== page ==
Sound & Fury


Minor Threat

Formed around Ian McKaye, later of Fugazi, Minor Threat were the forefront of the straight edge scene- which meant no boozing and no drugs. Just straight A headbanging. Whilst I’ve always been too much of a boozehound to get into the straight edge philosophy, Minor Threat rock like bastards and should be cherished by everyone—


Existing from 76-80 The Germs are often considered the hardcore prototype. They recorded just one album and a couple of singles before the heroin induced suicide of lead singer Derby Crash bought them to a sudden tragic stop. Guitarist Pat Smear later found himself playing with Nirvana and Foo Fighters, bands massively influenced by his own early punk mania. The Germs first and only LP is all killer, check out Circle One for shambolic snot nosed  genius

Circle One


Bad Brains      

Bad Brains played faster, like waaaaaaaaay faster than anyone before them. The group had previously been in a jazz funk outfit, and wielded their technical skills to brutal high speed riffing. In front man H.R. (Human Rights) Bad Brains had one of the all time great musical mavericks. Despite fans in their millions worldwide, and critical plaudits from everyone who matters, Bad Brains will never be mainstream. Why? Because H.R. is a genuine, don’t make em like they used to Rock N Roll lunatic. Whether it’s somersaulting into crowds, attacking band members, recording vocals from prison, or just refusing to sign major label record deals, H.R. has constantly pushed the envelope in more ways that I can count here. Look him up (his Wikipedia page is crap so don’t bother there, dig deeper) and you’ll hear some great stories of talent and excess..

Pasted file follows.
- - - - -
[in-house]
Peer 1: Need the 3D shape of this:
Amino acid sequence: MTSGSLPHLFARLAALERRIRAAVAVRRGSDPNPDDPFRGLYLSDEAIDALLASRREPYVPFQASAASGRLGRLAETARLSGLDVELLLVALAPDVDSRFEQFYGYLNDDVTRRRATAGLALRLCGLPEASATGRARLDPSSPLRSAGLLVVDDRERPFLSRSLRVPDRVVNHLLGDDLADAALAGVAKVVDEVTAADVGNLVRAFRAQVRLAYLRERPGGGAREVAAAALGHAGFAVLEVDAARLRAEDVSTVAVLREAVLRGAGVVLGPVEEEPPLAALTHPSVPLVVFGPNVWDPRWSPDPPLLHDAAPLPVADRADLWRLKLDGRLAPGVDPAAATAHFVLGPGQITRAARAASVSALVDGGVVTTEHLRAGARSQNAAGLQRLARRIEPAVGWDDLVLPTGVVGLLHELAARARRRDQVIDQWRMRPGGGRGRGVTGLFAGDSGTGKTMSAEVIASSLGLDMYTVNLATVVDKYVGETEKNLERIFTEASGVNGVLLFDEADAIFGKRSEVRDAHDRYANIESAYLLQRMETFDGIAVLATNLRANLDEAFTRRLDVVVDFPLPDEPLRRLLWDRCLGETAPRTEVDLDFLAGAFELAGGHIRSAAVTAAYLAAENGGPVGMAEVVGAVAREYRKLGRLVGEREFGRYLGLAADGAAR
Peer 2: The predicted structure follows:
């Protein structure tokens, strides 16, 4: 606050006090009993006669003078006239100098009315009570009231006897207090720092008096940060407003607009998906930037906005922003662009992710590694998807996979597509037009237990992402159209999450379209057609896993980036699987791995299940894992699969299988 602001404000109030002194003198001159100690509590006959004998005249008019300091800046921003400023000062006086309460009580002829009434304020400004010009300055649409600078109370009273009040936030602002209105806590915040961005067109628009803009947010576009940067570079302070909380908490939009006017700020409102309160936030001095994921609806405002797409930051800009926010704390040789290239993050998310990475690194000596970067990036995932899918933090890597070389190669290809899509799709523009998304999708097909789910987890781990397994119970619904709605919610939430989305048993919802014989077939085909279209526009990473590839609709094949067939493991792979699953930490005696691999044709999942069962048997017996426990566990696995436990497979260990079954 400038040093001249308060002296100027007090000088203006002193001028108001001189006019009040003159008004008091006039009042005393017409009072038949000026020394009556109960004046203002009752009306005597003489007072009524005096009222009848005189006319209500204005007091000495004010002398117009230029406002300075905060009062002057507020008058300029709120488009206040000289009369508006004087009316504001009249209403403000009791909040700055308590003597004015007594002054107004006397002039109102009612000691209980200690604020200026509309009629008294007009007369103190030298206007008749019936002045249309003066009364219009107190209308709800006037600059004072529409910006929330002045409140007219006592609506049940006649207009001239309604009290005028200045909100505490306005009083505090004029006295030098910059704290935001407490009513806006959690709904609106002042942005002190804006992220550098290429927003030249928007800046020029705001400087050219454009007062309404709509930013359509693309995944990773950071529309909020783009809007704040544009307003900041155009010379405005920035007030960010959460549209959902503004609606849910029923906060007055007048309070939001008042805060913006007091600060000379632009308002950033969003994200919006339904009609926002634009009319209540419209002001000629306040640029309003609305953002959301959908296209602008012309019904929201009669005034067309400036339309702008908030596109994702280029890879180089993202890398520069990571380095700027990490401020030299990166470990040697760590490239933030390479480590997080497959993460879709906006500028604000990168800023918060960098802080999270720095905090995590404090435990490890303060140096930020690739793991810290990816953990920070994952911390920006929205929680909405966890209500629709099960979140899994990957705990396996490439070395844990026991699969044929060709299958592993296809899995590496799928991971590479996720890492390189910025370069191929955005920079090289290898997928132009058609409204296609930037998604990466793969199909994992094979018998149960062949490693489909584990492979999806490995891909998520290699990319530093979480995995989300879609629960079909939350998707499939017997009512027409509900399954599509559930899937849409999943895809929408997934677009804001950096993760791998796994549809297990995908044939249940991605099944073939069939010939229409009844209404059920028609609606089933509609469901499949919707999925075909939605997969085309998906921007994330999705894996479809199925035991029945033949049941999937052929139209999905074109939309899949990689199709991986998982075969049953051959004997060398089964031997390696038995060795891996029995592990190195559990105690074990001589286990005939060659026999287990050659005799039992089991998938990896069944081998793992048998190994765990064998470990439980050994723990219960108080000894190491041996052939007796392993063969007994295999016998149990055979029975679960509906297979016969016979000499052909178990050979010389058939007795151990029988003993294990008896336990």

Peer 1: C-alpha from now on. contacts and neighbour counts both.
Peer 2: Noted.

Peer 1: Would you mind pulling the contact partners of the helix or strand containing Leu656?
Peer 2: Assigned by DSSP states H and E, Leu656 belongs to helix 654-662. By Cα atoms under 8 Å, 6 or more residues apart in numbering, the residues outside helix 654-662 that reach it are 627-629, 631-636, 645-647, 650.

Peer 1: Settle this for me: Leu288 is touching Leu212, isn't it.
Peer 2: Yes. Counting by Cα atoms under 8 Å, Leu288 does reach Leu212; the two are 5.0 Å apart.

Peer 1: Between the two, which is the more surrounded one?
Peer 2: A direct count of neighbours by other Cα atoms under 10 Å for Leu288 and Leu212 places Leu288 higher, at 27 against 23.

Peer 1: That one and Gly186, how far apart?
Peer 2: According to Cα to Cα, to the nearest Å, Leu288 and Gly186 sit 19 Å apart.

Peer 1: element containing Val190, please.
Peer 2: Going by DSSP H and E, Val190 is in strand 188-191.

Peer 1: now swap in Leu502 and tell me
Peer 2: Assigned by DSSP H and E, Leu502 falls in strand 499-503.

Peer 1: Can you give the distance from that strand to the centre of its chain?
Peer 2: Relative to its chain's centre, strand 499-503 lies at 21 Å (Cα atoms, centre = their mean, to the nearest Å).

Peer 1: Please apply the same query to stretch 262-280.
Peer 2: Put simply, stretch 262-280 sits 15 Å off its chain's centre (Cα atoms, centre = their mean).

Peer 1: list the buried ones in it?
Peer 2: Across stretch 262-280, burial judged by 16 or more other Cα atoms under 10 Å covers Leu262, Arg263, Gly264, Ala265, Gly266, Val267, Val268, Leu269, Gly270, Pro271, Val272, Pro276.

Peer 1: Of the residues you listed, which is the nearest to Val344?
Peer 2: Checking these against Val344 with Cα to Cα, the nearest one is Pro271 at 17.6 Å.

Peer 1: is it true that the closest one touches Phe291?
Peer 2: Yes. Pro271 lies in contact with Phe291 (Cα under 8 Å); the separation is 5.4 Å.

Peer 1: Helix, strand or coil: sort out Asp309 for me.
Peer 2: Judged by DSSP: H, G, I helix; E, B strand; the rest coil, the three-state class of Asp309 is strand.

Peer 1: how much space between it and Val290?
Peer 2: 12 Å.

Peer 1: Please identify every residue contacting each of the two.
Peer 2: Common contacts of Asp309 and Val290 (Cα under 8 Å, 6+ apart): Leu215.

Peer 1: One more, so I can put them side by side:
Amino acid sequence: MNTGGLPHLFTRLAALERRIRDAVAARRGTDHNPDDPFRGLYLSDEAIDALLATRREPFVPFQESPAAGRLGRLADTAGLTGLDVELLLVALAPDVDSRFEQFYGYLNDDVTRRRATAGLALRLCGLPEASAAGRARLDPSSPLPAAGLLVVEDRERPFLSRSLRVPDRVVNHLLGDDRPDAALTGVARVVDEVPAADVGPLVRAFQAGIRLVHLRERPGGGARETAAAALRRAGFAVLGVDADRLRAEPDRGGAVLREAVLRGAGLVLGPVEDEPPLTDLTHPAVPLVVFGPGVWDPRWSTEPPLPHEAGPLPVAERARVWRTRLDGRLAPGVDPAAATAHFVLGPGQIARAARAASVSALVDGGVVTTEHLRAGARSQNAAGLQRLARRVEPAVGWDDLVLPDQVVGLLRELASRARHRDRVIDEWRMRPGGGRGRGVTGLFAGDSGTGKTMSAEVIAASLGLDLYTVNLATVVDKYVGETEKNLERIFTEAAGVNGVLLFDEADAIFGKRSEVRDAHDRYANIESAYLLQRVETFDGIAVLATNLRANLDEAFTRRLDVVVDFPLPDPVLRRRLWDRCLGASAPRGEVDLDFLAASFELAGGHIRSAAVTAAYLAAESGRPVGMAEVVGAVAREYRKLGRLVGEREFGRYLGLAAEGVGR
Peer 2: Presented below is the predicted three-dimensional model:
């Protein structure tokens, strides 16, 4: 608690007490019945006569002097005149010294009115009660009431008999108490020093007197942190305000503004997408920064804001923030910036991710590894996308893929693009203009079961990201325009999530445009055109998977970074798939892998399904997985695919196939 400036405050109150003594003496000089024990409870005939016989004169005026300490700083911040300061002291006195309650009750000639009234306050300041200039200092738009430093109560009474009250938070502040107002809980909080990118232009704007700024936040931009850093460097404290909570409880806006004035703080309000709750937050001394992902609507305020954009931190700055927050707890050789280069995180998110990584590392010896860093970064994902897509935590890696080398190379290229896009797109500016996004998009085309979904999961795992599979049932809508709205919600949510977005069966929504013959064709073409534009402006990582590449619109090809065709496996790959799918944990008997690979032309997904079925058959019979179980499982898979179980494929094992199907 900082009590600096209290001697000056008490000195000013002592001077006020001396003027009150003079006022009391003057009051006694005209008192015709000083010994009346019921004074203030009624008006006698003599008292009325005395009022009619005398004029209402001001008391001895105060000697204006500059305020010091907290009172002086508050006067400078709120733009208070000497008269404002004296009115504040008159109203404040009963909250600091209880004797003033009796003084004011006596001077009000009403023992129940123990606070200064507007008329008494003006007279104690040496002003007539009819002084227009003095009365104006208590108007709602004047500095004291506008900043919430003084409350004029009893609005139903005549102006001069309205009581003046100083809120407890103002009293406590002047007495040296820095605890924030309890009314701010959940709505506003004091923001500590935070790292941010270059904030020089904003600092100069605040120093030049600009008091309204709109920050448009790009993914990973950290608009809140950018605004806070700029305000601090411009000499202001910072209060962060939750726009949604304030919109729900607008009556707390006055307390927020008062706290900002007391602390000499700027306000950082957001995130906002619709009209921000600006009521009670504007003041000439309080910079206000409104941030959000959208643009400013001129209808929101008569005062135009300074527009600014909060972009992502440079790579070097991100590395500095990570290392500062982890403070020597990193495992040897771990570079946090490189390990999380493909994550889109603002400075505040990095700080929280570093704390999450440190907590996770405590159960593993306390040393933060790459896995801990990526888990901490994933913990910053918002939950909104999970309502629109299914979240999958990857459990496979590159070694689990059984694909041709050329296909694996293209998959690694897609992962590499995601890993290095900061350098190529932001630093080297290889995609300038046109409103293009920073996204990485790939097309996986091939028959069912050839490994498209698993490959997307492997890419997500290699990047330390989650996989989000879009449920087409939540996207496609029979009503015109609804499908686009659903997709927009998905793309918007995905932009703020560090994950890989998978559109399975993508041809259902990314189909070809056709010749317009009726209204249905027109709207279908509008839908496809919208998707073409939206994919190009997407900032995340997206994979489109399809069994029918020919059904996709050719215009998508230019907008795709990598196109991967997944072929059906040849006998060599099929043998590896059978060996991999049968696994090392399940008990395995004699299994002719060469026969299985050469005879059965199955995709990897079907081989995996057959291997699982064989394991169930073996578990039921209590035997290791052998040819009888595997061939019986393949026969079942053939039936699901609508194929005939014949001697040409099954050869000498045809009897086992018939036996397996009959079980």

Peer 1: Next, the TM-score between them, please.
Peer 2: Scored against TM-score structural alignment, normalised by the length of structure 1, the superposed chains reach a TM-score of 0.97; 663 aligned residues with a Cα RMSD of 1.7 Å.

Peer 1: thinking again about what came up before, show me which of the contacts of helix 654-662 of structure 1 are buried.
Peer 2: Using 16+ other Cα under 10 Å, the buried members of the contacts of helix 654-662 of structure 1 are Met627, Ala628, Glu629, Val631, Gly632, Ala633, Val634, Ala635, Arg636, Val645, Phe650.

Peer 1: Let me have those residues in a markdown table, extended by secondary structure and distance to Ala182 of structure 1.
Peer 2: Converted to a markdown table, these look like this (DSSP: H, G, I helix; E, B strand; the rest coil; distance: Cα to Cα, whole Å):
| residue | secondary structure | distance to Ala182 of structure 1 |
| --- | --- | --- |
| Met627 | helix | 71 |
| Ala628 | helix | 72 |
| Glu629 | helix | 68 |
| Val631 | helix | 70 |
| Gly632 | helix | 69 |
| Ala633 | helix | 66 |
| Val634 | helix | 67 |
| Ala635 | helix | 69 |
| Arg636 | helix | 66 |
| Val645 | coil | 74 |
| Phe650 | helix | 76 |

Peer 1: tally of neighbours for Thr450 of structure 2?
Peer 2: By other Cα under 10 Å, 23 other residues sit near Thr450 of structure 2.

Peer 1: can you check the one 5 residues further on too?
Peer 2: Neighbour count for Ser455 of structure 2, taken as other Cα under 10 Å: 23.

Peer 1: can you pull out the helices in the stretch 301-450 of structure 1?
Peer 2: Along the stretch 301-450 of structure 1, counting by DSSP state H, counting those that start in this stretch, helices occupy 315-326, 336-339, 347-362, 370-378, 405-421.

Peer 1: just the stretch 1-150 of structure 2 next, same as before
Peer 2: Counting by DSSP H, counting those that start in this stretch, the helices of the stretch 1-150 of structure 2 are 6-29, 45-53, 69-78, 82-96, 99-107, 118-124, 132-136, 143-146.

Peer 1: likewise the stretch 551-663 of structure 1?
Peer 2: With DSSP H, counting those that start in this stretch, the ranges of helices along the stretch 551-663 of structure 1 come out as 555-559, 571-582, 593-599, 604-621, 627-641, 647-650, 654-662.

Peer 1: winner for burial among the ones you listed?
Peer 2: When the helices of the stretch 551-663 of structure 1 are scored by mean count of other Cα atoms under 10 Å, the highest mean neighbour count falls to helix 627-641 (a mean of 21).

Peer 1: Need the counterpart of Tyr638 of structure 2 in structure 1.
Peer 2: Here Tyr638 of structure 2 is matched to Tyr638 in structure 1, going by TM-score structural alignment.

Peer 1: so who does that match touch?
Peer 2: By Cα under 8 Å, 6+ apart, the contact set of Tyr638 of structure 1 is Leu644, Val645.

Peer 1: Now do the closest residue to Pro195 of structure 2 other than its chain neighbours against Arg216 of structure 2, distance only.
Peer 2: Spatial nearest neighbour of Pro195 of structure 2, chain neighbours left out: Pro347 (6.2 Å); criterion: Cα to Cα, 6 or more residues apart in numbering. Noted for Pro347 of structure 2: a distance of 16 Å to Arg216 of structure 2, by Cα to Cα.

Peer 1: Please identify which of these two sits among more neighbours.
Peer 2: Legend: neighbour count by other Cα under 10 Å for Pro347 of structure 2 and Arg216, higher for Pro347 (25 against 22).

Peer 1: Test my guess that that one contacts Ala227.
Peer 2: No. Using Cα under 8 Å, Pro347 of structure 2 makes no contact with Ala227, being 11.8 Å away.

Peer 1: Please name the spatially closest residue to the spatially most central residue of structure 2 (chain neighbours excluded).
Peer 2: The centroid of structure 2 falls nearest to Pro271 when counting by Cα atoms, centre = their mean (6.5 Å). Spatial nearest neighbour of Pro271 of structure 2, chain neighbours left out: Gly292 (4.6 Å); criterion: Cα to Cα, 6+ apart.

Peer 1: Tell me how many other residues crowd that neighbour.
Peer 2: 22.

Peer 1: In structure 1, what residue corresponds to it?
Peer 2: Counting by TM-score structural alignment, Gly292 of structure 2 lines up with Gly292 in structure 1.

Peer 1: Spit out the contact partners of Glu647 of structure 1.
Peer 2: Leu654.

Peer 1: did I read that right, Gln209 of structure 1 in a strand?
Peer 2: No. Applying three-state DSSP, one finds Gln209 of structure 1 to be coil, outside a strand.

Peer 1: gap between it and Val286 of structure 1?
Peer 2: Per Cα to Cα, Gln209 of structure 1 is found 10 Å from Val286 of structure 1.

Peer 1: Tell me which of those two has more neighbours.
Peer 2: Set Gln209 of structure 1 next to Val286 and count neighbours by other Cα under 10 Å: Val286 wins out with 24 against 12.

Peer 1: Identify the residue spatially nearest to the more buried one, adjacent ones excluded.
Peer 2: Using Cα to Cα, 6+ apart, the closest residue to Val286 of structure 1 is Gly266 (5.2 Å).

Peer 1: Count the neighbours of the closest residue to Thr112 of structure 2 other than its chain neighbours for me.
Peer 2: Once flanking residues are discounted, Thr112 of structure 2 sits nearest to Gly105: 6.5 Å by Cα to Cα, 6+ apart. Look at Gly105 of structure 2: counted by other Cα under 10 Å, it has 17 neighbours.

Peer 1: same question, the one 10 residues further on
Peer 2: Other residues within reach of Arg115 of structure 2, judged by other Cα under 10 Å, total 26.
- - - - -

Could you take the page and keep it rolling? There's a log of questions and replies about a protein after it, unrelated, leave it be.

Dead Kennedies

Probably the world’s biggest selling hardcore group, The DK’s made hilarious, vicious and sarcastic attacks on mainstream society set to demented surf guitar. Lead singer Jello Biafra was constantly accused of paranoia when he claimed the CIA were watching him- until that is, they kicked in his door and impounded one of his spoken word albums for obscenity charges. Now the band have fallen out, with Biafra refusing to perform any more, and the DKs performing with stand in singers. Call me a sell out, but I went to see them like this in London 8 years ago and they were still fucking brilliant. Sorry Jello.  



Formed in California in 1980 and mockingly named after a right wing nationalist movement of the day, Minutemen also became known for their ultra short songs and eschewing of any commercial trappings. Recording their first EP with Black Flag’s Greg Ginn, the band gained hardcore notoriety with extensive touring and a willingness to experiment. A bonus to their songs being so short is the whole first album fits into a single youtube clip—here ya go—




Often seen as more melodic than many of their hardcore contemporaries, The Descendents debut album Milo Goes To College is also fast, funny and more goofy than a lot of their contemporaries. Think a prototype for Dookie era Green Day. Again, cos the songs are so short you can listen to (nearly) the whole album in one Youtube clip. God bless the internet—